Professional photography inspiration: a spring photo shoot

I’ve recently become part of a brilliant group of photographers, brought together by my photography mentor, Nina Mace. We share tips, ideas and feedback, and each month we write a blog post on a shared theme.


Image taken on Nikon D750 with Sigma 135mm f1.8 Art lens. Shot at f1.8, ISO 200, 1/640th

This month, we’re blogging about our favourite recent spring image. This is mine: taken of my children in the midst of a busy spell of spring shooting. Here’s the detail of how I took it, and why I like it.


Photo shoot preparation

If you’ve read my previous post about photo-shoot location scouting, you’ll know that a lot of work goes into choosing an outdoor photography location. Finding this one took weeks of research, and endless muddy woodland walks. But once I’d found it, and secured permission to shoot there, I knew it’d be the perfect spot.


Next, I chose my children’s outfits – picking neutral and pastel colours that would complement each other, and the spring backdrop.


On the day that I’d planned to take this photograph, the weather was forecast to be sunny and hot. I knew that I wanted to avoid the harsh light, so we arrived at our location at 8am.


I also knew that I wanted the background to be really creamy – an effect called ‘bokeh’, if you’re interested. This creates lovely separation that isolates your subjects, making them look 3D. One factor in achieving decent bokeh is the distance of the background from your subject: the further away the better. So I picked a spot that had trees and foliage a good distance behind.


I positioned my children behind a patch of bluebells, then lay down on the path in front of them. By getting down low, I could give the impression that my children were sitting in amongst the bluebells – whereas, in fact, they were on a patch of grass. This meant that I could incorporate these beautiful spring flowers into my shot without causing any damage.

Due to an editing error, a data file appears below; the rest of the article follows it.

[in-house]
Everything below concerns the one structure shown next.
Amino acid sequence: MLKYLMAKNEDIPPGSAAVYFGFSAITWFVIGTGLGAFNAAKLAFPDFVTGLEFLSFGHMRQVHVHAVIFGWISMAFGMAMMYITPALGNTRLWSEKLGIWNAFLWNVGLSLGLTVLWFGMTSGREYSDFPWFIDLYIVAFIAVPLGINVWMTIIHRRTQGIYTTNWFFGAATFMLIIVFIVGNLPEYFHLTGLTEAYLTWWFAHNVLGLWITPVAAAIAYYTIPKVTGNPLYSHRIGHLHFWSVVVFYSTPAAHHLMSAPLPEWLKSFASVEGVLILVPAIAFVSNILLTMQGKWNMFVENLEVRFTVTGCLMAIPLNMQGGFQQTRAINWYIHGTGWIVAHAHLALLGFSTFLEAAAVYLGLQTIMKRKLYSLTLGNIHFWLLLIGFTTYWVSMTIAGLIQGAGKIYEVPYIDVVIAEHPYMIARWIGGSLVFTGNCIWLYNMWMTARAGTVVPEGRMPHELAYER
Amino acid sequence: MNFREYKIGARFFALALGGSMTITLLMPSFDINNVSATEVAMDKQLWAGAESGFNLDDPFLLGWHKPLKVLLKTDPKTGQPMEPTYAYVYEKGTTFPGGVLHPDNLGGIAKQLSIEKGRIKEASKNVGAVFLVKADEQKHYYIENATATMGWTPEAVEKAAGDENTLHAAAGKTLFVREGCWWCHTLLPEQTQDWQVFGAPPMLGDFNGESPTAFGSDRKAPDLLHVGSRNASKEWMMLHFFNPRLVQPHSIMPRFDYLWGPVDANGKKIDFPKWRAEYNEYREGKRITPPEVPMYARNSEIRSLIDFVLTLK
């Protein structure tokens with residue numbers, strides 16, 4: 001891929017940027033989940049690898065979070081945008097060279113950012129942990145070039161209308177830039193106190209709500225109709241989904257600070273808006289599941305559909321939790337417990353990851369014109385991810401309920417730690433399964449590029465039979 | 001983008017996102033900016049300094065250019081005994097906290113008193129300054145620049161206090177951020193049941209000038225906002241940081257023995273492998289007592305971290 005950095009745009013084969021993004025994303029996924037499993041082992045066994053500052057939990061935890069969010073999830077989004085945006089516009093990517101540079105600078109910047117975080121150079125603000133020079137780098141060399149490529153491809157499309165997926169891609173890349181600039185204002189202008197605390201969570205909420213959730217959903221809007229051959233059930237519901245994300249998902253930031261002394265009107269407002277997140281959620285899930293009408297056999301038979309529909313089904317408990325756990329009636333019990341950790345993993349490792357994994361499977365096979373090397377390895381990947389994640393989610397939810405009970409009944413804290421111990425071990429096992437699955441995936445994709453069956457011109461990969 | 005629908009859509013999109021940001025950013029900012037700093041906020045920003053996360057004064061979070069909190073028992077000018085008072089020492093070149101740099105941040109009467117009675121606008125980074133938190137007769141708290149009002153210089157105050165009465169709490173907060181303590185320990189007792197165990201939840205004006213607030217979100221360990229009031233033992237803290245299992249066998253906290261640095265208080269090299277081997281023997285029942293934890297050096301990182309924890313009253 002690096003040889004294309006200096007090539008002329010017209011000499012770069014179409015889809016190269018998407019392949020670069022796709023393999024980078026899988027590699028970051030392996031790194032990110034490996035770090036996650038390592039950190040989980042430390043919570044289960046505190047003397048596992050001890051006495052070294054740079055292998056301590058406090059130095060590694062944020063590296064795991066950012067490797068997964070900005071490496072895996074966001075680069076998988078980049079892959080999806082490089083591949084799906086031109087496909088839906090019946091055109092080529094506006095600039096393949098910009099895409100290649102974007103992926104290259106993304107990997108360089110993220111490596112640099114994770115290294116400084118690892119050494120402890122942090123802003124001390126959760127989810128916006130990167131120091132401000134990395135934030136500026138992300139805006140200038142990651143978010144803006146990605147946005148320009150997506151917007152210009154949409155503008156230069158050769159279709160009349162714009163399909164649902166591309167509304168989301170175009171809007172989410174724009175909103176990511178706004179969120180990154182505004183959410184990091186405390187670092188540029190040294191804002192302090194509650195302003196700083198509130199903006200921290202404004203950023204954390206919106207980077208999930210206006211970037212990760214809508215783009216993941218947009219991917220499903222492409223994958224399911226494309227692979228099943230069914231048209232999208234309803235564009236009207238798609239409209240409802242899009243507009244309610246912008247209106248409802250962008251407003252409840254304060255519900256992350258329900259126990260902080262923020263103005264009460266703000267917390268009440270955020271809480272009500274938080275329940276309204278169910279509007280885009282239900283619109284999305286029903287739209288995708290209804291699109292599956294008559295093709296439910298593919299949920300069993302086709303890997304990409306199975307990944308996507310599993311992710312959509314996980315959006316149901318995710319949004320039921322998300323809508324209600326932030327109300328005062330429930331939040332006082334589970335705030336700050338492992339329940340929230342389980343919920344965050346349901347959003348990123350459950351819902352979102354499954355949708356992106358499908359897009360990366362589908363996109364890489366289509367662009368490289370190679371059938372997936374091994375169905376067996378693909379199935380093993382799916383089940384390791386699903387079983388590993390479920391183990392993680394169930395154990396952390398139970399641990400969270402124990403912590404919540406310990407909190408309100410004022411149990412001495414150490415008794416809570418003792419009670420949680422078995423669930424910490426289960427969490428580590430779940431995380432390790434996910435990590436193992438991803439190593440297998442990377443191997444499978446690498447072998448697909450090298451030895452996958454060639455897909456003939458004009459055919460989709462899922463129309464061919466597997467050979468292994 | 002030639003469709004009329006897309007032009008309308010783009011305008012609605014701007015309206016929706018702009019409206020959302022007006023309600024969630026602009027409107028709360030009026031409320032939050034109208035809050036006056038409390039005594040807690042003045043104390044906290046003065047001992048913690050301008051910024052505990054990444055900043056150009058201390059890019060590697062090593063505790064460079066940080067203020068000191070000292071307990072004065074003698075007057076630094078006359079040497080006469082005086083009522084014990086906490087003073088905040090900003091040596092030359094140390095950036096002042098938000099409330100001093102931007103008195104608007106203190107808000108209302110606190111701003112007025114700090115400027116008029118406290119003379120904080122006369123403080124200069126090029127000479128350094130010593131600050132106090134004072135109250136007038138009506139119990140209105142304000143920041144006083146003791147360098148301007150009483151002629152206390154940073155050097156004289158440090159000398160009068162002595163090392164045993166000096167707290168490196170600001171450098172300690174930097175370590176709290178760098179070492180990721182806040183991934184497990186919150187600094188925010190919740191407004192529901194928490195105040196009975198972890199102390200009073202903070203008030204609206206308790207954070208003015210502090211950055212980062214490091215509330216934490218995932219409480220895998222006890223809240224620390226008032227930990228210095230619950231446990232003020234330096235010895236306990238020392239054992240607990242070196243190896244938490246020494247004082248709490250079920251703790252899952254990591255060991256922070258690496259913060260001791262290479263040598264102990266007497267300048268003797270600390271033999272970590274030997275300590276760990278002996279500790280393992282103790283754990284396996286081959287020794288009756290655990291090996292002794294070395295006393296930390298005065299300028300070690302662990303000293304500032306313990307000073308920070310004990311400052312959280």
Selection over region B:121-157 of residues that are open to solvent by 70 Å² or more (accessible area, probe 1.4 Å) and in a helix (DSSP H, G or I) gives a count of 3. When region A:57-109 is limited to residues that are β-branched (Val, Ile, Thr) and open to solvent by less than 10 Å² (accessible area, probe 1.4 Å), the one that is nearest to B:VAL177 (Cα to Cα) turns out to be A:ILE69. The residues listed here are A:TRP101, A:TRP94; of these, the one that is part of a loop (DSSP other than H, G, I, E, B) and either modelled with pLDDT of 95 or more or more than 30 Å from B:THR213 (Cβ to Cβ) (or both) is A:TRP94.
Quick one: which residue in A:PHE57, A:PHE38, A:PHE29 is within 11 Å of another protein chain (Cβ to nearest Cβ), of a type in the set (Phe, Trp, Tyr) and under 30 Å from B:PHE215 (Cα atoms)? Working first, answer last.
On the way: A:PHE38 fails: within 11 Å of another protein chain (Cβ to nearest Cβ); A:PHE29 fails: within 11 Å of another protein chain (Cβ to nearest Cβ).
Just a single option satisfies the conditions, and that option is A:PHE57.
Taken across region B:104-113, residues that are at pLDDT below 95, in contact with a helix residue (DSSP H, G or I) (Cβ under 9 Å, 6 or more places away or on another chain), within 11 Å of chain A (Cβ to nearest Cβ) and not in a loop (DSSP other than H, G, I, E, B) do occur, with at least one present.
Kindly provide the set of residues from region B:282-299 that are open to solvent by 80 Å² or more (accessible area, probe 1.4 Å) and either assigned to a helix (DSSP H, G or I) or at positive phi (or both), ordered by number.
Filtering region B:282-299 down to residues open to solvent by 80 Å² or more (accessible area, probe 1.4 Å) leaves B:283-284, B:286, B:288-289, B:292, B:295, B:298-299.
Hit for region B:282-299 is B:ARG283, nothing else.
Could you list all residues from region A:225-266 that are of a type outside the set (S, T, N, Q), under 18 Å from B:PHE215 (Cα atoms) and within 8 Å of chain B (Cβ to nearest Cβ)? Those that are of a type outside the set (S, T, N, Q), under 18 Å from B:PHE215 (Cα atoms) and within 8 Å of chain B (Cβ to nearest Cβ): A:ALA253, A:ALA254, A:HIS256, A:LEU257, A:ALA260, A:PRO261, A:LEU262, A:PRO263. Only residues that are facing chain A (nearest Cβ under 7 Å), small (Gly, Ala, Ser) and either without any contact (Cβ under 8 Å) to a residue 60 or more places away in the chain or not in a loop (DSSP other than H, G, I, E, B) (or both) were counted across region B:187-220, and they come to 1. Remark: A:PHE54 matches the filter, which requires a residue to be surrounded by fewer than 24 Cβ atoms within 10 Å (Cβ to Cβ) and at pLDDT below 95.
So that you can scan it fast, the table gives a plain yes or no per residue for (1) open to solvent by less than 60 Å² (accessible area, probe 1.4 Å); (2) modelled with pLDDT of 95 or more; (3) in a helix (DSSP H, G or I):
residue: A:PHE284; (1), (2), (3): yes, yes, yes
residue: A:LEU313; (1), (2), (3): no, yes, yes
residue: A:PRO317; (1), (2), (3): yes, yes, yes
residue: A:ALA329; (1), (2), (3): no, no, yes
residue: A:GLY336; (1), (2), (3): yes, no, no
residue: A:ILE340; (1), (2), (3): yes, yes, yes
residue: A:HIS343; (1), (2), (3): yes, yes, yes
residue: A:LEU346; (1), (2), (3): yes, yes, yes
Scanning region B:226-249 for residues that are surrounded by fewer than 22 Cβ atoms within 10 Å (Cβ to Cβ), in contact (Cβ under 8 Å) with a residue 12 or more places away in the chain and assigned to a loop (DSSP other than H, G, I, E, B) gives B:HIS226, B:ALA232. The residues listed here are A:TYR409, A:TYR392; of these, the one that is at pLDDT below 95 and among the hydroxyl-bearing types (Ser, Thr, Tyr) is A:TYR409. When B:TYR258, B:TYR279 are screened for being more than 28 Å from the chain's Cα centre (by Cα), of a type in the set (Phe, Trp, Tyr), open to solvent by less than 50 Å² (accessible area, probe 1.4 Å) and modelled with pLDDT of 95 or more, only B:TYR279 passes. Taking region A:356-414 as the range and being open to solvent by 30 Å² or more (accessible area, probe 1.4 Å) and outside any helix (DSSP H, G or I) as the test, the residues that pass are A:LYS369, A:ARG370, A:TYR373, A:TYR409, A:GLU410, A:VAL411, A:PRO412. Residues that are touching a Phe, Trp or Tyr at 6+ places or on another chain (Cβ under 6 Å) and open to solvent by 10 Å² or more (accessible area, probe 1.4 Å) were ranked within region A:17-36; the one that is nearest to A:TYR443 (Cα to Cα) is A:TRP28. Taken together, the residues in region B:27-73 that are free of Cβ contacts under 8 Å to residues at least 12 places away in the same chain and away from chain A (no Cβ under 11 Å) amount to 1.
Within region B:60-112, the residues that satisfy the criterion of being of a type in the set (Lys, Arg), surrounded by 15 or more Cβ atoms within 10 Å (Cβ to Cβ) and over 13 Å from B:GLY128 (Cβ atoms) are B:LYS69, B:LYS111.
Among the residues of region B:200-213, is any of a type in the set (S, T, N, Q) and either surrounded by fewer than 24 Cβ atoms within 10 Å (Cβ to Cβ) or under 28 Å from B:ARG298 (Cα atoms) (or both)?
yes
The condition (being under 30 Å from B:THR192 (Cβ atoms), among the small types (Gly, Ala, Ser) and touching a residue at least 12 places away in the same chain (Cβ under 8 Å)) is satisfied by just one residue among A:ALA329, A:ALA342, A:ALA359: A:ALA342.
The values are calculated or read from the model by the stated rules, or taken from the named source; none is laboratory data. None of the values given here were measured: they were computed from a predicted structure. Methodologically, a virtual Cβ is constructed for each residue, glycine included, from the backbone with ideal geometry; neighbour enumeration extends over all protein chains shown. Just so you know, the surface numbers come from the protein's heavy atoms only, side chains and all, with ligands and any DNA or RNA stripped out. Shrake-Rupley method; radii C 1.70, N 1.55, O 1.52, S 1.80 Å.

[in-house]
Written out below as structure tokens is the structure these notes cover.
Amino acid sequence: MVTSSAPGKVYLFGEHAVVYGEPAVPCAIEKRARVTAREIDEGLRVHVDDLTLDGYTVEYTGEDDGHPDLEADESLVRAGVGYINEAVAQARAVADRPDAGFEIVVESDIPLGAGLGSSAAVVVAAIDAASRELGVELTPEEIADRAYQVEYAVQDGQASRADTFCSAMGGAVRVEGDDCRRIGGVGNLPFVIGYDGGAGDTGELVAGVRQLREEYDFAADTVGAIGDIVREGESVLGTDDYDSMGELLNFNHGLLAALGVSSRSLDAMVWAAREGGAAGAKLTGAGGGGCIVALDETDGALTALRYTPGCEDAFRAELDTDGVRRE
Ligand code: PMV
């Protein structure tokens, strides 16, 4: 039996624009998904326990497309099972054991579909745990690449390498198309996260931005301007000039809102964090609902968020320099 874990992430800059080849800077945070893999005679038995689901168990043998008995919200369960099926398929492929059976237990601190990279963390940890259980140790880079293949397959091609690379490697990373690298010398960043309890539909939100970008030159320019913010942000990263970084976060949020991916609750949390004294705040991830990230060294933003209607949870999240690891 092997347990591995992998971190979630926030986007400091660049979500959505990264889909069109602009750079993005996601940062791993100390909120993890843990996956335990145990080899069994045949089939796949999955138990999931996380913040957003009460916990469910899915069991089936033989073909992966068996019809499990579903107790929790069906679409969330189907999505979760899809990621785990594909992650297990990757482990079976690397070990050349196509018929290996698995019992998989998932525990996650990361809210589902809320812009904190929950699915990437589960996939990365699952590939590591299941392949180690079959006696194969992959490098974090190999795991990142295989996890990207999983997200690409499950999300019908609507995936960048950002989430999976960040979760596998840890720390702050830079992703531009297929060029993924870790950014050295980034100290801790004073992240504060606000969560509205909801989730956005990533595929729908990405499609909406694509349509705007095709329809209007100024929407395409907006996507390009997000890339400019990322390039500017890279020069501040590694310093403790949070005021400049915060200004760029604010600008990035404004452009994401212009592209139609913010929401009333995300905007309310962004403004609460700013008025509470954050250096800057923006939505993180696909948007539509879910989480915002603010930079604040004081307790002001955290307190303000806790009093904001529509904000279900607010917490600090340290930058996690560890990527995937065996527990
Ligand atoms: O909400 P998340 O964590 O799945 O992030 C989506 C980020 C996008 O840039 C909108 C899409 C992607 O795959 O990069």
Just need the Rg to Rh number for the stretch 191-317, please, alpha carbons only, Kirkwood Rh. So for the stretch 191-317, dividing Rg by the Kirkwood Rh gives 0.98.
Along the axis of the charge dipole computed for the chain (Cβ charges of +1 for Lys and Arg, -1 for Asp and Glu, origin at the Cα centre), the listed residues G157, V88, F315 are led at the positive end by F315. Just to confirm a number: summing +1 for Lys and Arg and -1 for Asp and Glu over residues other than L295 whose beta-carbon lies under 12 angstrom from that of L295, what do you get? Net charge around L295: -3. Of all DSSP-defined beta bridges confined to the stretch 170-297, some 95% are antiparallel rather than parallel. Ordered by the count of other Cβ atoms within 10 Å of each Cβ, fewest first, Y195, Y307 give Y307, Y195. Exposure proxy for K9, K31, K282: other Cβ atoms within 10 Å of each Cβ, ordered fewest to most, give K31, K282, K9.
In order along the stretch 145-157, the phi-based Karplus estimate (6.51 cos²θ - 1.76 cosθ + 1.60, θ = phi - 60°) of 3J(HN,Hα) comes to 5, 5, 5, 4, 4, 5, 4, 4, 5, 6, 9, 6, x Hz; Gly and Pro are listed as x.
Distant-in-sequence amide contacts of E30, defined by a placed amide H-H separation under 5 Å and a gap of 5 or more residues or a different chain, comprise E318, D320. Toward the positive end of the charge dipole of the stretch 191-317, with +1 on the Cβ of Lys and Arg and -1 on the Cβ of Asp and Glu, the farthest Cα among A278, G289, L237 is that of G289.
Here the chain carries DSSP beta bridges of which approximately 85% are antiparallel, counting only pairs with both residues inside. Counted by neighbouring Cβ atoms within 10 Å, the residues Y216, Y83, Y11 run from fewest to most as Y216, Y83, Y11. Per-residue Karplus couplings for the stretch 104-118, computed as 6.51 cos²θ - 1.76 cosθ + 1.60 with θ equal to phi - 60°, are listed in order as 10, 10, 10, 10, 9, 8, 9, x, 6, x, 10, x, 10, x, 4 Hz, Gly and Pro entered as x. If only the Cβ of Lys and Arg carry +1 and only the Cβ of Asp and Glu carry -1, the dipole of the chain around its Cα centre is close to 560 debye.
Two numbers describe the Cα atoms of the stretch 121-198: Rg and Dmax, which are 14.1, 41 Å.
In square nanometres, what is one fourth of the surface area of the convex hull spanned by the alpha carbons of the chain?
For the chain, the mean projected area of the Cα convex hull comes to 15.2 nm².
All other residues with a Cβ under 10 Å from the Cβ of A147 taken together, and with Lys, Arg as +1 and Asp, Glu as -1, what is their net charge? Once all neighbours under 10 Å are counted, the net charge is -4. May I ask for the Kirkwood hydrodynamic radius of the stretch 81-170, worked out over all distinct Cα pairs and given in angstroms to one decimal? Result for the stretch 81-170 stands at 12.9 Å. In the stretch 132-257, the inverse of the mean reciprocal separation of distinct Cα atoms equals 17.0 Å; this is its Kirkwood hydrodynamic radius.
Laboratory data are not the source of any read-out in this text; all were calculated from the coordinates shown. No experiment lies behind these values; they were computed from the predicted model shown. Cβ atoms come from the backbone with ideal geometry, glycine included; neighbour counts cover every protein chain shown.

Taking the shot

Now for the hard part: taking the picture. In true photographer’s-offspring style, I knew my children would be reluctant to pose. So the only option was to mess around, and be ready to capture the natural moments as they occurred.


Here, my daughter’s holding a (colour-coordinated) sweet that I’ve told her she can eat once I’ve taken some pictures. I’m telling her that, whatever she does, she mustn’t put it in her mouth yet. And of course, she’s pretending to do just the opposite – with both children finding the whole thing hilarious.


Camera settings

I took this image on my Nikon D750, with a Sigma 135mm f1.8 Art lens. To achieve the bokeh, I shot it at f1.8. This creates a very shallow depth of field, meaning that I had to put – and try to keep! ­– both children on the same focal plane to capture them in focus. This provides little margin for error, which can make it tricky – especially when there’s a lively toddler involved!


As my children are fairly fast moving, I set my shutter speed at 1/640th, and ISO at 200 to achieve my desired exposure.


Post-production

As the shooting conditions were so good, I only had to make minor tweaks to achieve the overall look that I wanted. I warmed it up slightly, increased the exposure on my children’s faces, added a bit of magenta, and lifted the shadows. Oh, and removed my daughter’s runny nose.*


[*An aside about runny noses: usually I’d favour wiping over editing: it’s much less labour-intensive. But, in this case, I would have missed the moment, so made the decision to remedy it later.]


Why I like this shot

With my photographer’s hat on, I like this photo for its light, bokeh and beautiful spring colours. But, as a mum, I love it because it’s natural and captures the essence of my children.


I love seeing how other photographers are interpreting this theme, and putting their own stamp on it. If you’d also like to take inspiration from the other professional photographers within the #collaborationnotcompetition project, feel free to visit any of the websites below:


Anna Hurst Photography

Catriona Mairi Photography

Charles Thorne Photography

Clare Harding Photography

Clare Walpole Photography

Dandelion Photography

Derya Vicars Photography

Hannah Cornford Photography

Helen Rowan Photography

Jo Haycock Photography

Photography by Leela

Light Monkey Photography

Louisa French Photography

Lyndsey Abercromby

Lynne Harper Photography

Mel Wilson Photography

Nadine Brandt Photography

Portrayed Photography

Danielle Reeder Photography

Tor Keene Photography

Nina Mace Photography